The Chinese central government has greatly supported two strategic high- tech industries: 5G and supercomputing. However, when both encountered similar U.S. sanctions, the 5G industry failed to make crucial upstream components while the supercomputing industry could. This article argues that the central government- level industrial policies contributed to these divergent outcomes. Using natural language processing and qualitative content analysis of meticulously collected official documents and secondary sources, key policy differences were identi-fied. Before the U.S. sanctions in May 2019, China's 5G industrial policies were significantly unbalanced, with inadequate attention given to research and devel-opment of vital upstream components, contributing to a lack of upstream invest-ment. Although recent attempts to rebalance 5G industrial development since 2021, the policy focus remains largely on the mid and downstream segments. In contrast, before the U.S. sanctions in 2015, the supercomputing industrial poli-cies emphasised the development of the entire industrial chain, including crucial upstream components, resulting in China's possession of entirely homegrown supercomputers. Leveraging a tri- level analysis framework rooted in political eco-nomics, this study also offers possible explanations for the policy divergence and discusses implications. It contributes to the existing literature and ongoing debate on China and industrial policy amidst great power high- tech competition.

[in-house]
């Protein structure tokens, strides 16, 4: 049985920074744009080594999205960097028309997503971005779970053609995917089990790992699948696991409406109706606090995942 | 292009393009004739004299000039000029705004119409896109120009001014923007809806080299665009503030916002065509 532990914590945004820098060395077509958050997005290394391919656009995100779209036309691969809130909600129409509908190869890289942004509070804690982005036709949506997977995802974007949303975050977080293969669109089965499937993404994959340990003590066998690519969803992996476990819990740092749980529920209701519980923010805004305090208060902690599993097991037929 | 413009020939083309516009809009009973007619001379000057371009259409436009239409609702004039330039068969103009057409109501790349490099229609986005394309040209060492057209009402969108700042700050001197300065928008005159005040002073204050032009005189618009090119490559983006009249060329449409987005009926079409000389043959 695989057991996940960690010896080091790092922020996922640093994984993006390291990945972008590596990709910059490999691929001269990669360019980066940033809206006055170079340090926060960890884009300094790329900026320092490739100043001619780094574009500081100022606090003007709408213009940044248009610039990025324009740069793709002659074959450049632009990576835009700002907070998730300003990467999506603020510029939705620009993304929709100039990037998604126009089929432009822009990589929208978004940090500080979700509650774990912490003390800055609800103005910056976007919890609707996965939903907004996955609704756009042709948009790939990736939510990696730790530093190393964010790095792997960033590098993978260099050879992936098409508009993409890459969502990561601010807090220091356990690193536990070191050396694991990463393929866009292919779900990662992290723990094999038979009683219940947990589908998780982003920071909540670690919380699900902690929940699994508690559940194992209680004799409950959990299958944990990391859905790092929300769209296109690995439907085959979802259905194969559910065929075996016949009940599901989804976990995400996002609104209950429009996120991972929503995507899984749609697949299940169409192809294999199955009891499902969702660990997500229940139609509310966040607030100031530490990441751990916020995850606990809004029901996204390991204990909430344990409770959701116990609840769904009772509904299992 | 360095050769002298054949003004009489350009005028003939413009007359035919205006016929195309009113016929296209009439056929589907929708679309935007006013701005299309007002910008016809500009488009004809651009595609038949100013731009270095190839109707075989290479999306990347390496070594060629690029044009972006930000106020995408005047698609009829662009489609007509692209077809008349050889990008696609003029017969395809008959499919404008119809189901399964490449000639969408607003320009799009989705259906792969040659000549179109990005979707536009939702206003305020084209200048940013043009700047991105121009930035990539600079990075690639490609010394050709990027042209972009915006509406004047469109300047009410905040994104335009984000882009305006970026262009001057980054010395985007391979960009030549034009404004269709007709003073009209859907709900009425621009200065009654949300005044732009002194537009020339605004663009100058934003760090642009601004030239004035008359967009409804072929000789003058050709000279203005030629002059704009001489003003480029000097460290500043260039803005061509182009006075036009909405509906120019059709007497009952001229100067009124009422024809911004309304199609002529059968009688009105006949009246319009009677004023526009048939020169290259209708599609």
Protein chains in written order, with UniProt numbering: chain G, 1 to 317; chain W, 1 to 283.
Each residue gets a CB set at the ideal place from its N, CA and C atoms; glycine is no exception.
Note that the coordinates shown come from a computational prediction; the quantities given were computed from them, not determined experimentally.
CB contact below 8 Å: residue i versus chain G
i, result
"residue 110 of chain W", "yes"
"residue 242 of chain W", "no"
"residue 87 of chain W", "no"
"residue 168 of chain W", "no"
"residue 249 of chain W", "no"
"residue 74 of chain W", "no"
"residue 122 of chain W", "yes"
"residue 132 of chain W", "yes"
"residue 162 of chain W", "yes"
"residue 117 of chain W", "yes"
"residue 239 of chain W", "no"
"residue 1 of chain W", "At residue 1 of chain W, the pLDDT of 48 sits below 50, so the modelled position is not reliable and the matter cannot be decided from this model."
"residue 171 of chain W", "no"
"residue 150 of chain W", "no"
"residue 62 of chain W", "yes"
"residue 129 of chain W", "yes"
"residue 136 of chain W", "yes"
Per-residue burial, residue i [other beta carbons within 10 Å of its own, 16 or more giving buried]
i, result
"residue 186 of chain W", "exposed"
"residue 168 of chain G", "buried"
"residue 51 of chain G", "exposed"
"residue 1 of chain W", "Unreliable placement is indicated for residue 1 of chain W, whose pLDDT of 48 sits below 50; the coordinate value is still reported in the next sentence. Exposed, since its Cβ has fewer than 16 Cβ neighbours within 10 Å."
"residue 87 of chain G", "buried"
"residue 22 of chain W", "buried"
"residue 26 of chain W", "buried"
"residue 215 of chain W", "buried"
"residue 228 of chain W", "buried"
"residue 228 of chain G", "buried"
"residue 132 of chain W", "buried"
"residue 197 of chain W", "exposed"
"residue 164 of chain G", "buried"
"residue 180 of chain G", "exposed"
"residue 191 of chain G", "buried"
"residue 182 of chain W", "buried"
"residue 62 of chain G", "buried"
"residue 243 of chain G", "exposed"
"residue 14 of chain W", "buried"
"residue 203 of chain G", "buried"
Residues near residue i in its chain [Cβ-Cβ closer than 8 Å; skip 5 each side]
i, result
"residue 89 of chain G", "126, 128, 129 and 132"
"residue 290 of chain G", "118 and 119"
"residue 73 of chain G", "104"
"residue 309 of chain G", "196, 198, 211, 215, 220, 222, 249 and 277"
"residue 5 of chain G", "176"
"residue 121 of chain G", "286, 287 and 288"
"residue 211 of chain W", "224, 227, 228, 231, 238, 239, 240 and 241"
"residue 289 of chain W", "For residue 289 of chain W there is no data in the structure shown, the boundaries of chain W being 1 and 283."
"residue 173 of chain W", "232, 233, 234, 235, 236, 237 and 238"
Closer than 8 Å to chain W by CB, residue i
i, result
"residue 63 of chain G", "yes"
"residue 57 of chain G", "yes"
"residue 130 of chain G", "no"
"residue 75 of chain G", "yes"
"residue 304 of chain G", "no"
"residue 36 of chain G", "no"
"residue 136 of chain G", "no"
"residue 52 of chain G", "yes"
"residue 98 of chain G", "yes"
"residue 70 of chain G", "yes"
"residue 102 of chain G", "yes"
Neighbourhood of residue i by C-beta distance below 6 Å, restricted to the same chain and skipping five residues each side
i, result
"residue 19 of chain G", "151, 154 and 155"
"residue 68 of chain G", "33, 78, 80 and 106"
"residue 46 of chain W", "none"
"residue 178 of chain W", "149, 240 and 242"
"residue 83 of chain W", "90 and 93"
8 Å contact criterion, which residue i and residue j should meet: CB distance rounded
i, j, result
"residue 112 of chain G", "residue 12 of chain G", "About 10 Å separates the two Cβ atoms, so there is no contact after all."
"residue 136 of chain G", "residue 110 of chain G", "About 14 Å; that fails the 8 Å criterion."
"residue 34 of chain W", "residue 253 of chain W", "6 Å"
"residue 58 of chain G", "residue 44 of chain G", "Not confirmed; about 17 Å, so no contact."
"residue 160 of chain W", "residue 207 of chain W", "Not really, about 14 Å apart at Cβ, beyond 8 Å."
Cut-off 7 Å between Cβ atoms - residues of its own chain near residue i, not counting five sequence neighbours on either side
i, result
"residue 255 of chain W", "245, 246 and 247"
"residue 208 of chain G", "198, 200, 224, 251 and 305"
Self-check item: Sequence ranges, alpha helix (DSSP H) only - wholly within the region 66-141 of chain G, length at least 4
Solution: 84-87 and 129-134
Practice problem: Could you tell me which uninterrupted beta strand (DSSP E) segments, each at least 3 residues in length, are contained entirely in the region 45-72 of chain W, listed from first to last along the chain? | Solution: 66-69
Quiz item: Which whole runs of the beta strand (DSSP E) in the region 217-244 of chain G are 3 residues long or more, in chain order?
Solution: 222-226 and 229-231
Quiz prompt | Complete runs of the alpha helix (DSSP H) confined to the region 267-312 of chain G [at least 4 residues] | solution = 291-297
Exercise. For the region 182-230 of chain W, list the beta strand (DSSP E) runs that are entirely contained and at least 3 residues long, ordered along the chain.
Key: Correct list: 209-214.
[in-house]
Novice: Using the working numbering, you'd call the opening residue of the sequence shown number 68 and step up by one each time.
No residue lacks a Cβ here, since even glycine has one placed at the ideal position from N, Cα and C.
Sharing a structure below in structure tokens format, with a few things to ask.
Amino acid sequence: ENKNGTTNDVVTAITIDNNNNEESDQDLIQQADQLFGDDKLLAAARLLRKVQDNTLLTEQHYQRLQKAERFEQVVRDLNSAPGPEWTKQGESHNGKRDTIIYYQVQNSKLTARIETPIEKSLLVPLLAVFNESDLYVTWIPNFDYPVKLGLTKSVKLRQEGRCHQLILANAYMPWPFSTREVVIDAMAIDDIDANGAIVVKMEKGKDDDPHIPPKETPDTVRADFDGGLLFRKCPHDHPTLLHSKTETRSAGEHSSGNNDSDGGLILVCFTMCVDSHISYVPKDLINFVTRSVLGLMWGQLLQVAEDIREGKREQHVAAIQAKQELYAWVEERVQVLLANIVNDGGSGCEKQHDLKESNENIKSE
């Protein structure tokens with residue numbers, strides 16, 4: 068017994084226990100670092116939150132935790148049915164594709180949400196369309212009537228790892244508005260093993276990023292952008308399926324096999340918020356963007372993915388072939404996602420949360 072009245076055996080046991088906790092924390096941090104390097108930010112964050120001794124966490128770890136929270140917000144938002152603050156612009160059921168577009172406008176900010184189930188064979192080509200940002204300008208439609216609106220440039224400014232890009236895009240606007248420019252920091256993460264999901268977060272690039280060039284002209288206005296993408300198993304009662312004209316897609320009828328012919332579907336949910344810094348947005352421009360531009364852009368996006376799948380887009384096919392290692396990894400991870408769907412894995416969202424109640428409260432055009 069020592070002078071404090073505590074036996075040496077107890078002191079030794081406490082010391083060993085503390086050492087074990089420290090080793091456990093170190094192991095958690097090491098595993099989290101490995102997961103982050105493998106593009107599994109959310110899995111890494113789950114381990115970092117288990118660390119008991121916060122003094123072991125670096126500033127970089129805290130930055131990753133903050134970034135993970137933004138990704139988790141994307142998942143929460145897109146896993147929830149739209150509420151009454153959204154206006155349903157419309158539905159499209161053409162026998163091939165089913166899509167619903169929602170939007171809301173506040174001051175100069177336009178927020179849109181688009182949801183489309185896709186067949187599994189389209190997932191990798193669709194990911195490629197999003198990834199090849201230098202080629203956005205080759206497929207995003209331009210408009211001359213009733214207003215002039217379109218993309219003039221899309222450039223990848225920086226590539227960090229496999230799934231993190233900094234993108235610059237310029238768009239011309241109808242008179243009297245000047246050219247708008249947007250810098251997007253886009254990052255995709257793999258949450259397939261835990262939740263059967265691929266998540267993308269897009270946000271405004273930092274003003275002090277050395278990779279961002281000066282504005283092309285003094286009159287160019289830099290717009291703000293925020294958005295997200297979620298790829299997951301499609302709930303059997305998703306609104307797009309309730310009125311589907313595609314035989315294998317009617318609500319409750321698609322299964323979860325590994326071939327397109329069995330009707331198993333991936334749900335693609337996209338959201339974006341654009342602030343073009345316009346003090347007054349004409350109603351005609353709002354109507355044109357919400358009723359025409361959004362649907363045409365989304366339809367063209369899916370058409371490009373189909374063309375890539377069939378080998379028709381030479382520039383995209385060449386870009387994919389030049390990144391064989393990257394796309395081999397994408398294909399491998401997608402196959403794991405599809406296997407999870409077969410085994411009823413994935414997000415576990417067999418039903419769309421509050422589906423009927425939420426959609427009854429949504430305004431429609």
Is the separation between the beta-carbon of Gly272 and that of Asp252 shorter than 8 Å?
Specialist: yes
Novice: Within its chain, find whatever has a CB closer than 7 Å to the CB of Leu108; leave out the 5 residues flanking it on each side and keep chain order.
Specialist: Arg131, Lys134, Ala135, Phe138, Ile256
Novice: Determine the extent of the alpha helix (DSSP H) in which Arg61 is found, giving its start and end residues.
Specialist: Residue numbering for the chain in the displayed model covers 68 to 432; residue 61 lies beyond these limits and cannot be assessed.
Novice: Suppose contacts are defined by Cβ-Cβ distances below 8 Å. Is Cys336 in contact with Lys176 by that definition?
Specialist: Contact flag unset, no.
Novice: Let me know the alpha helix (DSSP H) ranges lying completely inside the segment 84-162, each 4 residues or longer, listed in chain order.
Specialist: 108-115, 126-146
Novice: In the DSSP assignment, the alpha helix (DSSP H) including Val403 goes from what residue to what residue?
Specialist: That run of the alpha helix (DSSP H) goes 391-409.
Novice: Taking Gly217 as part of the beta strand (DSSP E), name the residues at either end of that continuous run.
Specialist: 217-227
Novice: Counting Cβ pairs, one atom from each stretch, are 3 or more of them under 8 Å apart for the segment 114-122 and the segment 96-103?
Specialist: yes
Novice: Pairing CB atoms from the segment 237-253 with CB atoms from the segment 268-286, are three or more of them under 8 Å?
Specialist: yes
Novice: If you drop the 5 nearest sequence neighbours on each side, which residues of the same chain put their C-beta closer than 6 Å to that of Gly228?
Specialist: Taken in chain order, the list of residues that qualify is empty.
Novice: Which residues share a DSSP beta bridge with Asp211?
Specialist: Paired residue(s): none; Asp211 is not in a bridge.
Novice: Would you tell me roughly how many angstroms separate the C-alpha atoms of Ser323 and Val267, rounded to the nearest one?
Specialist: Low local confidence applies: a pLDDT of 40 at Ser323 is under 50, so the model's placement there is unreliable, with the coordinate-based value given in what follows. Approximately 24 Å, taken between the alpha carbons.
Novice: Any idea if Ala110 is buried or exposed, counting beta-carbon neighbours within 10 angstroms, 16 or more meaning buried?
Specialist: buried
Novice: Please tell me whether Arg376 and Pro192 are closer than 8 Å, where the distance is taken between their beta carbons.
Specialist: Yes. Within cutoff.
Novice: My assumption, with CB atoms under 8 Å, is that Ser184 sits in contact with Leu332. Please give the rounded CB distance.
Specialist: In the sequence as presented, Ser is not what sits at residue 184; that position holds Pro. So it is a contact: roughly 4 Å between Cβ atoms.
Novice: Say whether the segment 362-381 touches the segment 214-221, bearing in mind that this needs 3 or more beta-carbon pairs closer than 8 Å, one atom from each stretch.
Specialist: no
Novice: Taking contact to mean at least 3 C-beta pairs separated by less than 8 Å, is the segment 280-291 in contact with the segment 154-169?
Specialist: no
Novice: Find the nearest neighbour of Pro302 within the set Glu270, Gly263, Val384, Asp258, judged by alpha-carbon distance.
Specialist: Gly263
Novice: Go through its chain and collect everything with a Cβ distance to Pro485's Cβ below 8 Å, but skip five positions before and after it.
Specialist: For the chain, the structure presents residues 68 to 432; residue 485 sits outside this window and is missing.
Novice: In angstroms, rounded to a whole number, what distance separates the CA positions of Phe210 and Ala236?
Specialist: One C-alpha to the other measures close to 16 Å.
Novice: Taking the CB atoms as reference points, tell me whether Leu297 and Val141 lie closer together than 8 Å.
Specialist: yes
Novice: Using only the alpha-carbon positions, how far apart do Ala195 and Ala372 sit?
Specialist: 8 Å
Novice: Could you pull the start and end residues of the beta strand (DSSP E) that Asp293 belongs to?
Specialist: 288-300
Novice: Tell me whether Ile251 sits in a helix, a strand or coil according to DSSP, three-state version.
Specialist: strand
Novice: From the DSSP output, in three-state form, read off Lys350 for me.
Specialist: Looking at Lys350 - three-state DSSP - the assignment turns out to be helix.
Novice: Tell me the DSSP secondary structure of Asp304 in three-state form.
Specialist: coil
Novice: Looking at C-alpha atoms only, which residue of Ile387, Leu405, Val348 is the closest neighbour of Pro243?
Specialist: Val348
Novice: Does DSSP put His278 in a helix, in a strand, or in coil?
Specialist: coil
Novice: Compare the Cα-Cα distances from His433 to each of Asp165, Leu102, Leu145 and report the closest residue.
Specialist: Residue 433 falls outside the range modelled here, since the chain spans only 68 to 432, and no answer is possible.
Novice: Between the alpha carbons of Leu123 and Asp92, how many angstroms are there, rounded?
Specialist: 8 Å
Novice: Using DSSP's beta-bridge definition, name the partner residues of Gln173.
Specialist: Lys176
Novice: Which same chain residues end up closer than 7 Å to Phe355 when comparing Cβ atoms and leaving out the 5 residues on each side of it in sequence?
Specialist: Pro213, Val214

This article was published by the SSCI-indexed Global Policy in July 2023, which can be accessed at https://doi.org/10.1111/1758-5899.13239